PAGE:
This betrayal of the SDF forces and the political structures it represents is being dismissed as the product of another demented Trump solo effort. Trump’s most recent justifications for his decision about Kurds not being present for the Normandy invasions, simply confirm his increasing mental volatility. Nevertheless, the Turkish army is a NATO army, invading a region which had been a key NATO ally until this past weekend. The international community sat idly by as Erdogan invaded the most western canton of Rojava, Afrin in January 2018, imposing neither international sanctions nor even severe reprimands. On this occasion, the betrayal is even more egregious, as unlike in Afrin where no international forces were present on the ground, NATO forces have had to actively withdraw to facilitate Turkey’s aggression. They have exacerbated the situation by first supervising the dismantling of the region’s minimal defensive infrastructure and then even granting the Turkish army total control of the airspace allowing it, as of October 9th, to bomb civilian areas of Qamshili and Kobane and in an incontrovertible war crime, target the Mansoura dam which provides water to most of the region. NATO’s chief Jens Stoltenberg has endorsed the invasion in a tweet which pathetically called on the Turkish army to exhibit restraint. In recent years the Turkish army and its affiliated jihadist forces have consistently disregarded all such entreaties, committing numerous war crimes in Afrin and widespread civilian massacres in its operations in cities like Cizre, Nusaybin and the Sur district of Diyarbakir in 2015 and 2016.

Support for the invasion in Turkey

Although the short-term trigger for the invasion was Trump’s encouragement at the weekend, it has been long planned. Erdogan’s domestic political problems have continued since the invasion of Afrin characterised by a lagging economy, unprecedented ill-feeling and dissenting voices within the AKP and of course highly damaging losses in recent municipal elections. An external conflict serves as a timely distraction for the Turkish government and as always occurs in Turkey has received cross-party approval, not only from the usual right-wing anti-Kurdish parties but even from the liberal doyen, recently elected mayor of Istanbul Imamoğlu. The Turkish directorate of Religious Affairs has also called for the ‘Conquest Prayer’ to be chanted at all mosques across the country. The fact that Erdogan has argued that he plans to relocate millions of Syrian refugees currently living in Turkey to the area once it is under Turkish occupation has also proved popular. Tensions have been rising against Syrians in Turkey as they have been increasingly accused of undercutting Turkish workers, driving up rents and engaging in criminality. The relocation of millions of them is perceived as an ulterior benefit by many supporters of the invasion. And those few dissenting voices in the country, which oppose the invasion, will certainly be harshly repressed as occurred during the invasion of Afrin. Indeed, Birgün journalist Hakan Demir has already been detained for the paper’s coverage of civilian casualties from Turkish bombing.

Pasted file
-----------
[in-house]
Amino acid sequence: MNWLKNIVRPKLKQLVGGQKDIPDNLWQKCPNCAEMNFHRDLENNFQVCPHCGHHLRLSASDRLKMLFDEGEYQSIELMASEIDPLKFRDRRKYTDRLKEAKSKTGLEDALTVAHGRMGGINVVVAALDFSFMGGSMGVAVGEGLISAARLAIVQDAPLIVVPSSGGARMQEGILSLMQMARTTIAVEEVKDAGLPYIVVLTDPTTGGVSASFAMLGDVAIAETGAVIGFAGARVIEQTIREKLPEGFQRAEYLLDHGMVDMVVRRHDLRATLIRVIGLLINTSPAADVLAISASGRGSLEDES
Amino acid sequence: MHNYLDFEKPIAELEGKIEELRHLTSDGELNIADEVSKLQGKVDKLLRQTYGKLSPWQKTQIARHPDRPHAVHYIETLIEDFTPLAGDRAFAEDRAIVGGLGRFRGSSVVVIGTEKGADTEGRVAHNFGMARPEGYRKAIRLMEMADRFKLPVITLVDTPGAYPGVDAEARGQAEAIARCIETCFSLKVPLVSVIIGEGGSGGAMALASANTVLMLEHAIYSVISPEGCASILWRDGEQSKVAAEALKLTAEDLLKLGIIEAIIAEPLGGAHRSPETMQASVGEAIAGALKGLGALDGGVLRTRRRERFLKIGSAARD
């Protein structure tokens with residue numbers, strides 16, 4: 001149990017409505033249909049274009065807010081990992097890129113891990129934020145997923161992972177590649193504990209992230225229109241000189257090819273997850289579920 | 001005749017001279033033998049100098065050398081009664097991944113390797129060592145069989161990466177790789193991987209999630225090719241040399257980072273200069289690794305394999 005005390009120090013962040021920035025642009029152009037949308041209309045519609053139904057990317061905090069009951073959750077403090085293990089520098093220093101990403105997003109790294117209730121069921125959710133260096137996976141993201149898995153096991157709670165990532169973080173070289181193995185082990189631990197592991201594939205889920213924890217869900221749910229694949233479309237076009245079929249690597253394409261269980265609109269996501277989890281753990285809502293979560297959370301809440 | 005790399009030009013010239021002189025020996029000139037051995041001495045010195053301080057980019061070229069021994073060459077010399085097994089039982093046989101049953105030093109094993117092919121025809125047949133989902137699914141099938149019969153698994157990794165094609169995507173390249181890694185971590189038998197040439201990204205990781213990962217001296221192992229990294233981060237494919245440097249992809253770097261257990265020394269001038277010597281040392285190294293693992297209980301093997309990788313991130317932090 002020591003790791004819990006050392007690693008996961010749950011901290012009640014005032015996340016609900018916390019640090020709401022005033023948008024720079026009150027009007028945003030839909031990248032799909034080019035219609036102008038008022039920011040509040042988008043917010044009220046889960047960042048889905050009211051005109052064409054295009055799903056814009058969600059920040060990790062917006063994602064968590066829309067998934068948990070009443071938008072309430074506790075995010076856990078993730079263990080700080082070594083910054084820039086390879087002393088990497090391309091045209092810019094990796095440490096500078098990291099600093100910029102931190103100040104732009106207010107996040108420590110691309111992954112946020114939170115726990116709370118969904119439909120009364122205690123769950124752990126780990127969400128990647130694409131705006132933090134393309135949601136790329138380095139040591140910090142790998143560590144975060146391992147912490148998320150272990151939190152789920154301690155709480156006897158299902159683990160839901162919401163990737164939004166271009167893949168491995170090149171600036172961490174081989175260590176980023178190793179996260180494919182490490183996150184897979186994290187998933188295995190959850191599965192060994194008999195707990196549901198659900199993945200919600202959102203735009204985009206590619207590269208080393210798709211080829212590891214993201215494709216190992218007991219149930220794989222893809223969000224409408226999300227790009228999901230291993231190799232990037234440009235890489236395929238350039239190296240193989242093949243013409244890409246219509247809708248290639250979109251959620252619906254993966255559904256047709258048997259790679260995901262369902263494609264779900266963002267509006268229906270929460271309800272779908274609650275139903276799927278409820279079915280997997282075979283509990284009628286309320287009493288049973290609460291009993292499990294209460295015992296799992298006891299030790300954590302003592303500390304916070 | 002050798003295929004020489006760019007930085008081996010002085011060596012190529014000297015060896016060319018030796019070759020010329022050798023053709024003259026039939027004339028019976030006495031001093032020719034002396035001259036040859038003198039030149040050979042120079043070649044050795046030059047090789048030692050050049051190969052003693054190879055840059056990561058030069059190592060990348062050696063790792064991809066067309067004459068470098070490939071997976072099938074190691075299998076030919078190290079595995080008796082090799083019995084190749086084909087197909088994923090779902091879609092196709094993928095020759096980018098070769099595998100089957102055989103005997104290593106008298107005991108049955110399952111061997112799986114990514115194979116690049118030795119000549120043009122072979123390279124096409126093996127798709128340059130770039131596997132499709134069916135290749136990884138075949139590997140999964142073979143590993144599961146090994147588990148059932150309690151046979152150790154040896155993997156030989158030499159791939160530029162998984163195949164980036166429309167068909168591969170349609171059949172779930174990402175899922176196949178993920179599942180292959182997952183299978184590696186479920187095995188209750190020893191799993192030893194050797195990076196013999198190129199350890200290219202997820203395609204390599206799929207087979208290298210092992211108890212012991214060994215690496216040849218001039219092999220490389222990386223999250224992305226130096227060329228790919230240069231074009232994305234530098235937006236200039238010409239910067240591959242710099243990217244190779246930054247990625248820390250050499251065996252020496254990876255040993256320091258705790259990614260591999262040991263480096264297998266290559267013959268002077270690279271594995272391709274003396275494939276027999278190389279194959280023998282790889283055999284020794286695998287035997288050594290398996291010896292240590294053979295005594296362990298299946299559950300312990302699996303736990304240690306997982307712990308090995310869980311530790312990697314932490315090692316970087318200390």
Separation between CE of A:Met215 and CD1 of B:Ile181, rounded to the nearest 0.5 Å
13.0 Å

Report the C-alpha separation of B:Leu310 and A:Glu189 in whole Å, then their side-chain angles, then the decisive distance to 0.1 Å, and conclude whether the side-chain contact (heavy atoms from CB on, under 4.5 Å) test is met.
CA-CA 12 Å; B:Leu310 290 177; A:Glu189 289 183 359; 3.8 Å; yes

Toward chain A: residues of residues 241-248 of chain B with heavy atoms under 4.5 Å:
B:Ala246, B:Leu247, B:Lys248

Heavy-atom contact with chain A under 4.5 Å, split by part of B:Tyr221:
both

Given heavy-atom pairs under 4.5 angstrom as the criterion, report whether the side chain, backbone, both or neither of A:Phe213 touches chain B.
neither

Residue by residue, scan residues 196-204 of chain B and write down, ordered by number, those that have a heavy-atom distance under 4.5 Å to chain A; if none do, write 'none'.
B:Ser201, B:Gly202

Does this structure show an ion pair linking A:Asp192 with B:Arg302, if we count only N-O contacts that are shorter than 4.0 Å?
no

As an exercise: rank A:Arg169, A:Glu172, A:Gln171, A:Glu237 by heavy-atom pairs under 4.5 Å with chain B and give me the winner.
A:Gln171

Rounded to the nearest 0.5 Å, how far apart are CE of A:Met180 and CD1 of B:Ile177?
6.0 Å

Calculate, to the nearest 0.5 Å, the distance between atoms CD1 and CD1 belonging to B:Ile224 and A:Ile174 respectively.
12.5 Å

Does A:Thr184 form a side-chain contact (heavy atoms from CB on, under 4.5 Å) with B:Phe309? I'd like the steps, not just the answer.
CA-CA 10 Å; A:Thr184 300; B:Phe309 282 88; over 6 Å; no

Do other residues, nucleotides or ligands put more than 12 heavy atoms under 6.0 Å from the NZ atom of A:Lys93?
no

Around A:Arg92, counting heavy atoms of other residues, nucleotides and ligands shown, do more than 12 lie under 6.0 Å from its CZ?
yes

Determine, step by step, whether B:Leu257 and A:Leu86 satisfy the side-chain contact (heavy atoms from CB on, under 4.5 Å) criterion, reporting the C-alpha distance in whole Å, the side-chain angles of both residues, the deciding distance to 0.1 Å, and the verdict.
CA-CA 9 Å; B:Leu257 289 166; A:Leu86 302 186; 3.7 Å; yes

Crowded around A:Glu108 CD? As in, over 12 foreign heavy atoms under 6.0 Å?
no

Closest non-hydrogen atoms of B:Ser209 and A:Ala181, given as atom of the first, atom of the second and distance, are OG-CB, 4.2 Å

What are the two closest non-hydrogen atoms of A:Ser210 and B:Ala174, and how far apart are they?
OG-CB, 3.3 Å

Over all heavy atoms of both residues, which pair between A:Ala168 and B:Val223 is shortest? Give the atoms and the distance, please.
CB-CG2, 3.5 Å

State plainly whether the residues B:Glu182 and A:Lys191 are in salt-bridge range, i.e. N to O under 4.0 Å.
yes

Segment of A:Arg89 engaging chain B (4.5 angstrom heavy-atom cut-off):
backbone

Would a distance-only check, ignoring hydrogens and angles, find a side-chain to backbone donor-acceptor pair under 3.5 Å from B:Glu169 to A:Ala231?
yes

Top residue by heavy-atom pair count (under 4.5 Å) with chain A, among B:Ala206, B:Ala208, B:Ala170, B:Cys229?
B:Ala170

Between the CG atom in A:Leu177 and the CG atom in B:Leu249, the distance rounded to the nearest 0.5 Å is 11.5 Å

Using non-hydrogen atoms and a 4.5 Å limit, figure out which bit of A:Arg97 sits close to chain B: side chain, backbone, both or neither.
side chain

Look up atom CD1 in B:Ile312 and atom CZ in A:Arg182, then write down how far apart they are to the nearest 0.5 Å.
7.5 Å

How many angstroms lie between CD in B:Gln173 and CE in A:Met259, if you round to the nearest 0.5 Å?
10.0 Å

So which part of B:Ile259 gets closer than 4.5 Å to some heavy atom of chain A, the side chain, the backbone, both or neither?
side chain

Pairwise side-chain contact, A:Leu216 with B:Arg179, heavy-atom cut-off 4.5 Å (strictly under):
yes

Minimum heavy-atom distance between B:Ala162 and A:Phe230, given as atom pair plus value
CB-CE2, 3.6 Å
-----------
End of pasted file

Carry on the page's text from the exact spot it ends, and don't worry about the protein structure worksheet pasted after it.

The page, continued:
Negative consequences

The invasion, particularly if the Turkish air force is given continued liberty to bomb heavily populated urban centres, will likely result in massive civilian casualties and a huge outflow of refugees southward to Syrian regime-controlled areas or if possible, to the Kurdish controlled region of Iraq. Unlike in Afrin 2018, when co-ordinated efforts on the ground facilitated a relatively orderly flow of refugees to other autonomously controlled territories prior to the attack, the unanticipated nature of the onslaught has resulted in chaos which will further enhance civilian vulnerability. Contrary to the ludicrous premise of the attack as continuing the fight against ISIS, the invasion will certainly strengthen the movement. The US government’s former envoy to the international campaign against ISIS, Brett McGurk decried Trump’s decision as impulsive, before re-emphasising that Turkey refused all requests to inhibit ISIS using the Tal Abyad border crossing into Turkey in 2014 and 2015 as its main supply route for weapons and recruits. He further dismissed Trumps ill-informed notion that the invading Turkish army will take charge of the ISIS fighters and supporters detained by the SDF, as their camps are far to the south, nowhere near the border with Turkey and its anticipated security zone.